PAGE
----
“So, like I said, I made the conscious decision to wear the T-shirt. I felt like my heart was in the right place. I’m at peace with it and those that disagree with me, this is America, everyone has the right to their first amendment rights. Those who support me, I appreciate your support. But at the same time, support the causes and the people and the injustices that you feel strongly about. Stand up for them. Speak up for them. No matter what it is because that’s what America’s about and that’s what this country was founded on.”

Why We Aren't Prosecuting Anyone For Torture

I've tried to figure out why we aren't prosecuting anyone, and I am hopeful I have an answer.

Watching what happened in Ferguson and Staten Island, I have to think that the Justice Department is worried that they wouldn't get a conviction.  People are fearful sheep who want some bullshit movie action hero to save them by being mean to "bad guys".

Acquittal of these jackals would be worse than bringing no charges.

So the Justice Department and the Administration is showing a lack of faith in the American people.  A lack of faith that history has shown to be completely justified.

Sunday, December 14, 2014

Exams Are Done

Now comes lots and lots of writing.

Which, frankly, is preferable to reading student's scrawling handwriting and trying to read into their hormone-fogged thoughts.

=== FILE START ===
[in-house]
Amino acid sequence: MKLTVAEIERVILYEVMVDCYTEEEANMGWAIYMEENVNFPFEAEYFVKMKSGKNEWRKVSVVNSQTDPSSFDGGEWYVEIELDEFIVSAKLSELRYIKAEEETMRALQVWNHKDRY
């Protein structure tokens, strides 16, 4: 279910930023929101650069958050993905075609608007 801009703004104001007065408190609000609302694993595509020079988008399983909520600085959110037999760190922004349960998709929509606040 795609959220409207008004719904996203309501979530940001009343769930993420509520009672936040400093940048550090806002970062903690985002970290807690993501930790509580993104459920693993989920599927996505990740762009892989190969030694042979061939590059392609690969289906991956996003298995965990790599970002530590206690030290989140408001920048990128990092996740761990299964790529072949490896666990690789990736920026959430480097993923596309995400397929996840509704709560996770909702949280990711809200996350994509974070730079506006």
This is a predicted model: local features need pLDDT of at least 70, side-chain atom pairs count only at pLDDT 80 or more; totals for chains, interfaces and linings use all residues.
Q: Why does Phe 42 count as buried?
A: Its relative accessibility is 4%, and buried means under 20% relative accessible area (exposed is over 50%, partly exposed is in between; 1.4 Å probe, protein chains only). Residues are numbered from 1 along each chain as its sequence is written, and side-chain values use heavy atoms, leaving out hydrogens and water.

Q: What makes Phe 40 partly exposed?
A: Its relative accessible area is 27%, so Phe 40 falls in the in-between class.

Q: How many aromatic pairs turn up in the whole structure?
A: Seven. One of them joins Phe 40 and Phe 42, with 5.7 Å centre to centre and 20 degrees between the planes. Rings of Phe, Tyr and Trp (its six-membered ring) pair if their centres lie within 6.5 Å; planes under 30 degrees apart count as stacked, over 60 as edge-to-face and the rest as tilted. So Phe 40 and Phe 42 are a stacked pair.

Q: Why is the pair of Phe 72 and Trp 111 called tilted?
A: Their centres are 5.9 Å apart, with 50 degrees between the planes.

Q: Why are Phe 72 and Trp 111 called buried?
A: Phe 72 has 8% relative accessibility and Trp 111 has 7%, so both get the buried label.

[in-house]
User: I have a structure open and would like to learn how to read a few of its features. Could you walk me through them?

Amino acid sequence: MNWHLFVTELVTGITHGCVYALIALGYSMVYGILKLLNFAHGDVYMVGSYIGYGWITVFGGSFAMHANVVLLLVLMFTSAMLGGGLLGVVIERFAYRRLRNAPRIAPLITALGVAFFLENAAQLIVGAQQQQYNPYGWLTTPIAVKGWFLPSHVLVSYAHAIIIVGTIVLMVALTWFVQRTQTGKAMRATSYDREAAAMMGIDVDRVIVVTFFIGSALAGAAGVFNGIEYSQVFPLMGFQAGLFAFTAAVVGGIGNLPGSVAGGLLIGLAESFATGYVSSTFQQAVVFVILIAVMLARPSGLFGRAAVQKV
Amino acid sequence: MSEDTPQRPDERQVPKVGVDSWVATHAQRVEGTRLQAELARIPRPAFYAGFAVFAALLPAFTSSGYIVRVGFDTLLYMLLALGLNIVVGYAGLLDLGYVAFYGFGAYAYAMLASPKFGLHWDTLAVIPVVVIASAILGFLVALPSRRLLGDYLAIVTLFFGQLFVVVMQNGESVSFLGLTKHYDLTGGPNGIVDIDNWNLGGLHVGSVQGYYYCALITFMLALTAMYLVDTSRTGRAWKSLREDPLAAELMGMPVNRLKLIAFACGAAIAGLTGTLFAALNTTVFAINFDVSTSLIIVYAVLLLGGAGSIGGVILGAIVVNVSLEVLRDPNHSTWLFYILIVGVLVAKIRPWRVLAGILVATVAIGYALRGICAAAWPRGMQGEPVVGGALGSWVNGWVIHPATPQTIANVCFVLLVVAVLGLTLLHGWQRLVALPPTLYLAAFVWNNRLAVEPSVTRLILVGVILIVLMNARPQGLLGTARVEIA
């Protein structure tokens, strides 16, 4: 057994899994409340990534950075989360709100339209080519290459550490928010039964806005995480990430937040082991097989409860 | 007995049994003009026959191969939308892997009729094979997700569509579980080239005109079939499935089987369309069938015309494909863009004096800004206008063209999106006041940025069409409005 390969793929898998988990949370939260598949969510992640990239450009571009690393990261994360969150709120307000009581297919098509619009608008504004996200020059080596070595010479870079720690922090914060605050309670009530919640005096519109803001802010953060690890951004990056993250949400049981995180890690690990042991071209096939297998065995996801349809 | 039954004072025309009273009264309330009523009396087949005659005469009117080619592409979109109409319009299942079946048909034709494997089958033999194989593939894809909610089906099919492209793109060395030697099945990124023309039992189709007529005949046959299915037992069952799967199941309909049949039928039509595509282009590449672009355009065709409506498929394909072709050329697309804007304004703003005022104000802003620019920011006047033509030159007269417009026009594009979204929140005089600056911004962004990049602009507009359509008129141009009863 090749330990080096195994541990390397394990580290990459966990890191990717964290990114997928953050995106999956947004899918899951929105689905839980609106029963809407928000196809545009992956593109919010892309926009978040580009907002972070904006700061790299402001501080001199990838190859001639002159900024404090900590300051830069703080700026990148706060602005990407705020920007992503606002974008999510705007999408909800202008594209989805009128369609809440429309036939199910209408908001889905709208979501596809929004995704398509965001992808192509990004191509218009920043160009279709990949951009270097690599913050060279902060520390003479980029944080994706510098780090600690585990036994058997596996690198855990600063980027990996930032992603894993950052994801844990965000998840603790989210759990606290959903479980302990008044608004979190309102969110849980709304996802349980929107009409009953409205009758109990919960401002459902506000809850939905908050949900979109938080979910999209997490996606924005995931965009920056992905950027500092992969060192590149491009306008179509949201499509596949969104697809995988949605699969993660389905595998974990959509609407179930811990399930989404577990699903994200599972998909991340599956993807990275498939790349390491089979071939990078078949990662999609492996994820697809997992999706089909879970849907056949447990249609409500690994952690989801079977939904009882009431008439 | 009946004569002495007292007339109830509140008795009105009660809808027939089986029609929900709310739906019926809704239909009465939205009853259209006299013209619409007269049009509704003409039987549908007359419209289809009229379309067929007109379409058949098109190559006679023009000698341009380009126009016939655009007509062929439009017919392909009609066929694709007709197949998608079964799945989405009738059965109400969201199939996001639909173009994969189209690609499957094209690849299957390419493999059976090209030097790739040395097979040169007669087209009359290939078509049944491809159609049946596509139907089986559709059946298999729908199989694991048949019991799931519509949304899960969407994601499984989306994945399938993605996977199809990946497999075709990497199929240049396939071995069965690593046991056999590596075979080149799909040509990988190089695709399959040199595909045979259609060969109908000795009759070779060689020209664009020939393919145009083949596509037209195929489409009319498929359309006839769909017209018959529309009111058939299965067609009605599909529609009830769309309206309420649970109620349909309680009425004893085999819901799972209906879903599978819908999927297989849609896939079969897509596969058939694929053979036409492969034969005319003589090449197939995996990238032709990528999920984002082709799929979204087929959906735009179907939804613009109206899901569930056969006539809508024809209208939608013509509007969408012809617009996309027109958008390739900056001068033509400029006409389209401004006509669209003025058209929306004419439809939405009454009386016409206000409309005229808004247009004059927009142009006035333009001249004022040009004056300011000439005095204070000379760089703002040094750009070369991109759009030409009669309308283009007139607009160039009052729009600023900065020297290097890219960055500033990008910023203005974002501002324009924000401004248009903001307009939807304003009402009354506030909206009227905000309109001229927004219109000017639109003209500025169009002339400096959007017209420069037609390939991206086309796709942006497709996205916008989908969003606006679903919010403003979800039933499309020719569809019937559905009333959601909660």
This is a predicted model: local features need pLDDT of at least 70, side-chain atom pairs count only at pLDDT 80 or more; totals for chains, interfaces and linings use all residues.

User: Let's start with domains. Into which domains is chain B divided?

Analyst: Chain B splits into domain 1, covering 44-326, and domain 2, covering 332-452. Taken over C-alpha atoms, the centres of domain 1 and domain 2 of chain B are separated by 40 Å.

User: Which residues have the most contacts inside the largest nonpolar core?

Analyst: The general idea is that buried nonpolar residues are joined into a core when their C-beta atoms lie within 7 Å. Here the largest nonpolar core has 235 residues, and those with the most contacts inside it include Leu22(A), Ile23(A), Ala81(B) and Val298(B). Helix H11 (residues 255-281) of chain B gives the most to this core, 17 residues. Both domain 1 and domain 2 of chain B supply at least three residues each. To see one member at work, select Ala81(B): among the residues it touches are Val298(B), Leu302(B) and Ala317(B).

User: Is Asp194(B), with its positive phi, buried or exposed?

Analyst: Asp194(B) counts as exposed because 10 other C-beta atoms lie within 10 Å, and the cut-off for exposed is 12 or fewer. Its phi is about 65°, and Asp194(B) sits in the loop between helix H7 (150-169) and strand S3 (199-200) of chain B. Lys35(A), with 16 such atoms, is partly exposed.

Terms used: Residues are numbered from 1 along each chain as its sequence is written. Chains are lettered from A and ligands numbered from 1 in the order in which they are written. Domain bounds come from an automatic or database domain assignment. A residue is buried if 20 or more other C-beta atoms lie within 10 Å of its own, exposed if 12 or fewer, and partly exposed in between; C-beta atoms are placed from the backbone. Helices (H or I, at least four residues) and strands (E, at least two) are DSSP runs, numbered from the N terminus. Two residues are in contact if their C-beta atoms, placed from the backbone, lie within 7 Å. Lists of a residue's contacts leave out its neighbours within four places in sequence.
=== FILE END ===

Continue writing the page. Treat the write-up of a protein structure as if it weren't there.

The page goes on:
Friday, December 12, 2014

Fat Tony At It Again

America's Judicial Concern Troll has decided to weigh in on the torture scandal, because of course he did.

Scalia - who we have been told for 30 years is a very intelligent man who just holds strong beliefs about original intent - says that there is nothing in the Constitution that prohibits torture.

I'm just a humble history teacher, but let me take a crack at it:

Let's take a looky-loo at the Fifth Amendment:

No person compelled in any criminal case to be a witness against himself, nor be deprived of life, liberty or property without due process of law.

That looks like you can't force someone to say things, like, you know, under torture.

Then of course, there's the troublesome Eighth Amendment:

...nor cruel and unusual punishments inflicted.

Maybe Scalia doesn't think being beaten until he loses an eye counts?  Simulated drowning doesn't count?  Reducing a mentally deficient man to a quivering shell of a person via systematic torture isn't cruel?

Or maybe Scalia simply doesn't think that applies to foreign born persons.  OK, there is some logic to that.  Not sure how that gibes with Jose Padilla, but OK.

How about this?

This Constitution, and the Laws of the United States which shall be made in Pursuance thereof; and all Treaties made, or which shall be made, under the Authority of the United States, shall be the supreme Law of the Land; and the Judges in every State shall be bound thereby, any Thing in the Constitution or Laws of any State to the Contrary notwithstanding.

And then you have the US signing the Geneva Conventions and UN Convention against Torture, which are treaties that prohibit torture, making them the "supreme Law of the Land" whatever John Yoo may say.

Once again, I feel like we live in different universes.

Crappy Deal

Can't believe Obama is prepared to sign the CRomnibus and begin the gutting of whatever restrictions we have on the plutocracy.  I suppose this is the level of suckage we have to expect in the coming era of divided government.

I fear another Grand Bargain is lurking off stage somewhere.

Thursday, December 11, 2014